This (enormously simplified example) works fine (Python 2.6.6, Debian Squeeze):
from multiprocessing import Pool import numpy as np src=None def process(row): return np.sum(src[row]) def main(): global src src=np.ones((100,100)) pool=Pool(processes=16) rows=pool.map(process,range(100)) print rows if __name__ == "__main__": main()
however, after years of being taught global state bad!!!, all my instincts are telling me I really really would rather be writing something closer to:
from multiprocessing import Pool import numpy as np def main(): src=np.ones((100,100)) def process(row): return np.sum(src[row]) pool=Pool(processes=16) rows=pool.map(process,range(100)) print rows if __name__ == "__main__": main()
but of course that doesn't work (hangs up unable to pickle something).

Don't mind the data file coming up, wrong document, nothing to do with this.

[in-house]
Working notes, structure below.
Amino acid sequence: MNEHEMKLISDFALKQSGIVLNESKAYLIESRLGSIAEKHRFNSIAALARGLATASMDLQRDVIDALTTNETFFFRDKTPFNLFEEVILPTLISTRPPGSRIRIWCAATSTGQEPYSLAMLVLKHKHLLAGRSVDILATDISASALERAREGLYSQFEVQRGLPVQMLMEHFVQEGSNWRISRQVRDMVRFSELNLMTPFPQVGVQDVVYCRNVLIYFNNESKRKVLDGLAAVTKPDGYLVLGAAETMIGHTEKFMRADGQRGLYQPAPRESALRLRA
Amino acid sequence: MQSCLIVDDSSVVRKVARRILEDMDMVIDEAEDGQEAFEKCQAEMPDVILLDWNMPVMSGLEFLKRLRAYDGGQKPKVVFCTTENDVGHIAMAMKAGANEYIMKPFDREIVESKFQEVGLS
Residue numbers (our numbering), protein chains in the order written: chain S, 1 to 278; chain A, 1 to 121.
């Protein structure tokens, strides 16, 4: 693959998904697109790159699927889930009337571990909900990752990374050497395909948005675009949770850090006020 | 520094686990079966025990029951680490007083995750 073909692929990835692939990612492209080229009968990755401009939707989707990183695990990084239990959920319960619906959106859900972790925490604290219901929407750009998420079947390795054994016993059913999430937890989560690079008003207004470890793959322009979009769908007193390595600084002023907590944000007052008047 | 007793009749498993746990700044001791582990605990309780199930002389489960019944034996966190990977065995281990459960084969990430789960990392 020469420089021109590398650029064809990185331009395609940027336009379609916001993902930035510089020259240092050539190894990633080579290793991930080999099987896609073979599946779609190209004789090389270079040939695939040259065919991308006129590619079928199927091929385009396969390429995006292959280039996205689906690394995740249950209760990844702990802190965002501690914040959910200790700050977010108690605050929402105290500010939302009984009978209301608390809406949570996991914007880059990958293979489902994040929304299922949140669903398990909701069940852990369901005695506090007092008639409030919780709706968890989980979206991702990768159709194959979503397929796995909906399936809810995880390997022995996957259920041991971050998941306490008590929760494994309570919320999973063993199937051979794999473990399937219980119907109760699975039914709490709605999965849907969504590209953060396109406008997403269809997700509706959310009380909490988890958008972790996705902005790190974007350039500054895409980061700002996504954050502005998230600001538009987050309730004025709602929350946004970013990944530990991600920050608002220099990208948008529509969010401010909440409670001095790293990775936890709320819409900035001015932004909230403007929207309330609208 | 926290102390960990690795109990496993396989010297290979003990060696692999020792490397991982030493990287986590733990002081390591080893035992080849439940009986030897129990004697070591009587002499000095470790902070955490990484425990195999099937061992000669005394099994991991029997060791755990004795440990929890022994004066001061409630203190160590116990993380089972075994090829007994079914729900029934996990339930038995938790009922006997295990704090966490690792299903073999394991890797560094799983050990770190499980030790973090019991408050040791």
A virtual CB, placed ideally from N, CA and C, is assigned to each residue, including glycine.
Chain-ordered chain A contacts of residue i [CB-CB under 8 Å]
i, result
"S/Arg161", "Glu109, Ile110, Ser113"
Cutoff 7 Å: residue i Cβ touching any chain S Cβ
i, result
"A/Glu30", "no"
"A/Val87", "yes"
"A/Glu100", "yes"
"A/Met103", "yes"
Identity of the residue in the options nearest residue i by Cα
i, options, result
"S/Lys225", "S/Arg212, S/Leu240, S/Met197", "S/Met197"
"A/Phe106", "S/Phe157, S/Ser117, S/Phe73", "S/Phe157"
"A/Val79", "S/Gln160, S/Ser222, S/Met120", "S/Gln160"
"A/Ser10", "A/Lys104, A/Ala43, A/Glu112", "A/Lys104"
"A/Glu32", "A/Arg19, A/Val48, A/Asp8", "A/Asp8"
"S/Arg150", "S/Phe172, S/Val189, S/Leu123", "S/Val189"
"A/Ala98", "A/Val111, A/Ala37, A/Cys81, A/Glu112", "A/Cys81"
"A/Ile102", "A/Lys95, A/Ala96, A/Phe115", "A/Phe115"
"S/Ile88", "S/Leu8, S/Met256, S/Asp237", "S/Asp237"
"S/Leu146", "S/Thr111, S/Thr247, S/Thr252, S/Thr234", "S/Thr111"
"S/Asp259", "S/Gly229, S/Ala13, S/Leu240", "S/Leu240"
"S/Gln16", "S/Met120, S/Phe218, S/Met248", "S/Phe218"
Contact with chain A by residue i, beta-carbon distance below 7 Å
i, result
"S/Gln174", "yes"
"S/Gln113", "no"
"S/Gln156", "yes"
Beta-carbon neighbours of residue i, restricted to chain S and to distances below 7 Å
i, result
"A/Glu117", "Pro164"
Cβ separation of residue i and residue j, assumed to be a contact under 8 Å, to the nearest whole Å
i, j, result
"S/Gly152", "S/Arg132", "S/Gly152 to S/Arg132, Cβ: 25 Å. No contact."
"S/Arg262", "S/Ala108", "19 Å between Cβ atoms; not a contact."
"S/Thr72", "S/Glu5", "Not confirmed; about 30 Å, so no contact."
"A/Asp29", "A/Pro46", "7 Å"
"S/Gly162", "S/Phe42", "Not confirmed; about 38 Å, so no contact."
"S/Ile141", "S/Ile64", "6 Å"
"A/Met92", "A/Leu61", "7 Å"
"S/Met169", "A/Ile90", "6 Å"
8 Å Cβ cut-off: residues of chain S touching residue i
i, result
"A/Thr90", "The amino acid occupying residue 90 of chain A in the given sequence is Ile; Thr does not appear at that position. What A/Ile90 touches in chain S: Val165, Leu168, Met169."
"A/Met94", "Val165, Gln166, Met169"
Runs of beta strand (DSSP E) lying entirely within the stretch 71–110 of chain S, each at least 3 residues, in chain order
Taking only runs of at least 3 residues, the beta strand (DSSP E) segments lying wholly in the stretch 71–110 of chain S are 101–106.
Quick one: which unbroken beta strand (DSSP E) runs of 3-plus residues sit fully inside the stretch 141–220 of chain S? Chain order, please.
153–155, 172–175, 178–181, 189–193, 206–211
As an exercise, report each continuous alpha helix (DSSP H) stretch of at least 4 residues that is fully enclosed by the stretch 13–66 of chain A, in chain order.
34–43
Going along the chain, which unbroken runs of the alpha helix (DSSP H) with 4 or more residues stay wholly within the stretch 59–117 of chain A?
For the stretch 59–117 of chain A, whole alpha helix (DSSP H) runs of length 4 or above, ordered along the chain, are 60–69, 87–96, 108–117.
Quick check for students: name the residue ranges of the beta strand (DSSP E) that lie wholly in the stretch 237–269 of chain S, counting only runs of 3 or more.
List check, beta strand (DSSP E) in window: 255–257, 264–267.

The example here is trivial, but by the time you add multiple "process" functions, and each of those is dependent on multiple additional inputs... well it all becomes a bit reminiscent of something written in BASIC 30 years ago. Trying to use classes to at least aggregate the state with the appropriate functions seems an obvious solution, but doesn't seem to be that easy in practice.
Is there some recommended pattern or style for using multiprocessing.pool which will avoid the proliferation of global state to support each function I want to parallel map over ?
How do experienced "multiprocessing pros" deal with this ?
Update: Note that I'm actually interested in processing much bigger arrays, so variations on the above which pickle
src each call/iteration aren't nearly as good as ones which fork it into the pool's worker processes.